67 votes

What is Ptolemy holding in this picture?

This device was invented by a Jewish Rabbi, Levi Ben Gershon. It was used to measure the angular distance between two stars or, in general, any pair of celestial bodies. Ptolemy lived 1000 years ...
Riccardo.Alestra's user avatar
61 votes
Accepted

What is Ptolemy holding in this picture?

It is called "Jacob's staff". It was an old astronomical tool used for trigonometric purposes.
Euler_Salter's user avatar
19 votes

What is Ptolemy holding in this picture?

And this tool has been known under many other latin names than baculus Jacob (or Jacob's staff): radius astronomicus (astronomic ray), crux geometrica (geometrical cross), revelatorem secretorum (...
Laurent Duval's user avatar
9 votes

How did Romans do multiplications?

They used abacus. The techniques used for operations with abacus were understood and were basically the same used also until quite recent time also in China and Japan, as far as I know. This does not ...
Nicola Ciccoli's user avatar
8 votes

How did Romans do multiplications?

You should be more specific when you say "Romans". If you mean ancient Romans, almost no mathematical text survived in Latin from the times before 2nd century AD. From the Roman empire we mostly have ...
Alexandre Eremenko's user avatar
7 votes
Accepted

Did Archimedes view fractions as "numbers"?

No, Archimedes, and ancient Greeks generally, did not see fractions as numbers, and they did not use fractions as we use them today, they did not use them at all. What they used was ratios of ...
Conifold's user avatar
  • 76k
6 votes

Has anyone explored Ptolemy's epicycles as an early form of Fourier analysis?

As @Andrei Kopylov noticed, epicycle theory is not the theory of Fourier series of a periodic function. Still this is called (generalized) Fourier analysis. Such functions are called almost periodic ...
Alexandre Eremenko's user avatar
6 votes

What happened to the original sources of Euclid's Elements?

Multiple copies of the works of Euclid's predecessors probably existed. Including similar compilations called Elements. On the opinion of people who did mathematics at the time and after Euclid, his ...
Alexandre Eremenko's user avatar
6 votes

How did Archimedes arrive at his principle in his time?

The bath is a later legend. The principle can be discovered and proved by the following argument which requires no calculation. Suppose that a body is submerged by water. The force with which water ...
Alexandre Eremenko's user avatar
5 votes
Accepted

Did the ancients know how to construct a correct klepsydra?

At least, in ancient Greece and Rome I am not aware of the vessel shape being used as a way to uniformize the flow of water. Instead, "correct" clepsydras were constructed using a different ...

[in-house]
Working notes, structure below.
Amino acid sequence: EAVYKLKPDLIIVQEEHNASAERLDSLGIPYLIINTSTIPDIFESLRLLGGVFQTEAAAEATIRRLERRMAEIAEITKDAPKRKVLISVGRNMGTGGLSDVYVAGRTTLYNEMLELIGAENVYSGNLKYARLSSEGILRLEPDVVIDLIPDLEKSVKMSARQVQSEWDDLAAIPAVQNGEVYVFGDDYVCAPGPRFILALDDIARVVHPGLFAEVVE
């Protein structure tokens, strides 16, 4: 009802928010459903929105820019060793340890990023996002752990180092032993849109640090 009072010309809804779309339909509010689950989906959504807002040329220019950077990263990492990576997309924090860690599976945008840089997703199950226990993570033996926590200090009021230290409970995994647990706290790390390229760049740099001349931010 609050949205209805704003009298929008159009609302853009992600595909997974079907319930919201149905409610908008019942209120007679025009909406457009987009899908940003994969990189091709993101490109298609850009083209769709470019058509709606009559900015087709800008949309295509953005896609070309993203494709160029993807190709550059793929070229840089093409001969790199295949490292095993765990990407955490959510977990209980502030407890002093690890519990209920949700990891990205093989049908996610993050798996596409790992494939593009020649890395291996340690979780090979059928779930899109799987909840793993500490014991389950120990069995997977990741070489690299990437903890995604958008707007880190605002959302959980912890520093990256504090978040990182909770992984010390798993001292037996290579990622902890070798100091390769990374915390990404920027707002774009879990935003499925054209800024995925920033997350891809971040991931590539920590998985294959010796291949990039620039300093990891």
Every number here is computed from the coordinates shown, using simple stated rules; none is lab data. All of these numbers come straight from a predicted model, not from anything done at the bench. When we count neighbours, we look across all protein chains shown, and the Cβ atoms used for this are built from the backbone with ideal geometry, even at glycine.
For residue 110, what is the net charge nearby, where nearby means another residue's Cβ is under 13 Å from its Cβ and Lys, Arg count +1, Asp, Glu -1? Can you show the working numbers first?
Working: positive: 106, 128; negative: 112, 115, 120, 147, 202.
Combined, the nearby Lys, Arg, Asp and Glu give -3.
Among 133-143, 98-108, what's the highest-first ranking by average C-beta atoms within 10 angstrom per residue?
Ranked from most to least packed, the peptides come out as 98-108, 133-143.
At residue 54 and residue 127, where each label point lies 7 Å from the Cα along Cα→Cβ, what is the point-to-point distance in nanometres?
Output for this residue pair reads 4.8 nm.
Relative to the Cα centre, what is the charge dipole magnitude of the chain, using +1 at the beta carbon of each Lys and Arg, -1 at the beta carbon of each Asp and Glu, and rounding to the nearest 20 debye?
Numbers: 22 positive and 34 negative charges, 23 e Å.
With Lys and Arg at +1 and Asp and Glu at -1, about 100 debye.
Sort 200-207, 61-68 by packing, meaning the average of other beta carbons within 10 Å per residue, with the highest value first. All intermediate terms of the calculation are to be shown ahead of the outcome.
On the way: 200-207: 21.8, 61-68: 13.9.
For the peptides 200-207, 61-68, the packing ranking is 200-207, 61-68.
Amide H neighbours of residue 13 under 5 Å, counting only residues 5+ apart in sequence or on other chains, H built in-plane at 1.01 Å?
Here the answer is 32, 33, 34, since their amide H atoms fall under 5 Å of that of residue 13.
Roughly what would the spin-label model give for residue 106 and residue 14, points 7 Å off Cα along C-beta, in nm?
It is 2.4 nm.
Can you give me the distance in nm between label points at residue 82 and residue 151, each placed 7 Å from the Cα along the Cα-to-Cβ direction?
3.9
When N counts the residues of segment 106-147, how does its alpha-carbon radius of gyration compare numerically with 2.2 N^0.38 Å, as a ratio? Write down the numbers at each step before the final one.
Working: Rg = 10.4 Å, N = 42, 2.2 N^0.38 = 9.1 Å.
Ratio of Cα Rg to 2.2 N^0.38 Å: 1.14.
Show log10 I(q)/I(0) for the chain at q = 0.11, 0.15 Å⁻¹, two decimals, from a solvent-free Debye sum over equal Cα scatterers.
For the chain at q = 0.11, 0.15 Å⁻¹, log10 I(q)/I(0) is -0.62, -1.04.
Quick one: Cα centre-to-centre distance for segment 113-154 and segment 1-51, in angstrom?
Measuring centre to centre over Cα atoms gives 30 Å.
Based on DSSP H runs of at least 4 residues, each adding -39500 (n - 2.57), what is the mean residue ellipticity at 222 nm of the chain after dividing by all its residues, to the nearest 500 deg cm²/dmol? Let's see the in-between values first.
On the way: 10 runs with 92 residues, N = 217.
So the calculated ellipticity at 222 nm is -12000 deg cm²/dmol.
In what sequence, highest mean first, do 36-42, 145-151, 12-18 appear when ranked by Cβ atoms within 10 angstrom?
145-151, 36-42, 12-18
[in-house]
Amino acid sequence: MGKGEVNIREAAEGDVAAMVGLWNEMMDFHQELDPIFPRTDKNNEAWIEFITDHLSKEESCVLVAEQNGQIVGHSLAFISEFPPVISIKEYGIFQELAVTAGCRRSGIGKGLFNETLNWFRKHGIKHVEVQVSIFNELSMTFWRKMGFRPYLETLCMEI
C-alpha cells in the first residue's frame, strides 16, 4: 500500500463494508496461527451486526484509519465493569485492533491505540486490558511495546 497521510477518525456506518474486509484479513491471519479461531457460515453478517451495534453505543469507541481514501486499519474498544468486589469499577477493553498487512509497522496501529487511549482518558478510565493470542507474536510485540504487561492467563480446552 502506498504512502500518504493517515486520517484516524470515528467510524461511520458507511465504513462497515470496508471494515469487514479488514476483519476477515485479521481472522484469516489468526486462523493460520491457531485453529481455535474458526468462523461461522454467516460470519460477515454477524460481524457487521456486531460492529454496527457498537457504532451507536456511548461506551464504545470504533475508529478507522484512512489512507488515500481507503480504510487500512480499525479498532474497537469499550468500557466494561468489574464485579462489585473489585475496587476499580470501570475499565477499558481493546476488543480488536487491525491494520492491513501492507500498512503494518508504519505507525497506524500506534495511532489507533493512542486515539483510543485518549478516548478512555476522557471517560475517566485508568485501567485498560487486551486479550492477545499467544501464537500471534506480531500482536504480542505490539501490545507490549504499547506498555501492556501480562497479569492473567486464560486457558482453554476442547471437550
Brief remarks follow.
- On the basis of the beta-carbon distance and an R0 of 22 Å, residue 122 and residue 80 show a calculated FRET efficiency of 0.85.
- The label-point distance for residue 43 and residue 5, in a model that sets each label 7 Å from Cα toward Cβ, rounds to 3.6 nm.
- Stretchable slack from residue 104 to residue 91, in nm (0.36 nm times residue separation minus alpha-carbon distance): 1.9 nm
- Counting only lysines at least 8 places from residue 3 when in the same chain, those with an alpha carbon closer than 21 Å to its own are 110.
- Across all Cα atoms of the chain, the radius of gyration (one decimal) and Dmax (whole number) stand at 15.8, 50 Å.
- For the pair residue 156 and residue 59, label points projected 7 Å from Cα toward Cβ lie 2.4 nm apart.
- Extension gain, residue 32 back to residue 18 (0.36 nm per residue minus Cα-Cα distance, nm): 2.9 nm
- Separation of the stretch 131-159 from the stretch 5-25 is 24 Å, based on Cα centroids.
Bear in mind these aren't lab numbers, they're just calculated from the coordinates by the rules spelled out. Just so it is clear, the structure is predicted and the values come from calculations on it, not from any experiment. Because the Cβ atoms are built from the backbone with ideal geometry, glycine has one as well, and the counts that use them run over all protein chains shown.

Conifold's user avatar
  • 76k
5 votes
Accepted

Were ancient Romans so bad at computations before Arab numerals?

No, Romans were not at all bad at computations before Arab numerals were introduced to them. In fact, Romans had a perfectly fine way of doing computations that was every bit as good as Arabic ...
Big Brother's user avatar
  • 2,187
5 votes

On Ptolemy climes

Originally, the Greek word κλῐ́μᾰ means “slope, incline, inclination,” and has nothing to do with the modern meaning of the word (long-term weather). Ptolemy defined the seven climata by the length of ...
Pierre Paquette's user avatar
5 votes

How did Ptolemy calculate the distance to the Moon?

Ptolemy knew about the Moon's parallax (he explains it in section 11, Ch. V of Mathematical Syntaxis). To measure it he invented the "parallactic instrument" described in section 12. Section 13 is ...
Alexandre Eremenko's user avatar
4 votes

Did Aristotle note that ships disappear over the horizon hull-first?

From "Queries and Answers," Isis 41, no. 2, linked to by sand1 in the comments above, we see that the proof of the sphericity of the earth based on the fact that the masts of a distant ship are ...
Endy's user avatar
  • 279
4 votes

Did Aristotle note that ships disappear over the horizon hull-first?

I dug up some text from a translation of "on the heavens." There are similar disputes about the shape of the earth. Some think it is spherical, others that it is flat and drum-shaped. For ...
Carl Witthoft's user avatar
3 votes

Roman engineers

One of the most important contributions of Latins to engineering was road-building. This certainly pre-dates contacts with the Greek civilization: so called "strade consolari" departing from Rome (...
Nicola Ciccoli's user avatar
3 votes

Has anyone explored Ptolemy's epicycles as an early form of Fourier analysis?

This is very popular myth, but it is not true: Ptolemy's epicycles are not Fourier analysis! Fourier series can indeed approximate an arbitrary periodic function. And you can approximate an arbitrary ...
Alexei Kopylov's user avatar
2 votes

Has anyone explored Ptolemy's epicycles as an early form of Fourier analysis?

Yes. That was done by Giovanni Schiaparelli in a book called Scritti sulla storia dell'astronomia antica, published in 1926 and reprinted in 1997.
José Carlos Santos's user avatar
2 votes

How did Archimedes arrive at his principle in his time?

Fortunately there is some documentary evidence about Archimedes' discovery, in his work "On Floating Bodies", which survives in manuscript forms (https://en.wikipedia.org/wiki/On_Floating_Bodies). ...
terry-s's user avatar
  • 4,445
2 votes

Why did Aristotle make mistakes in his laws of motion?

Everyone makes mistakes. Look at Newton, even though he knew perfectly well that action at a distance was philosophically speaking, nonsense, he still went with it because he could see no way past ...
Mozibur Ullah's user avatar

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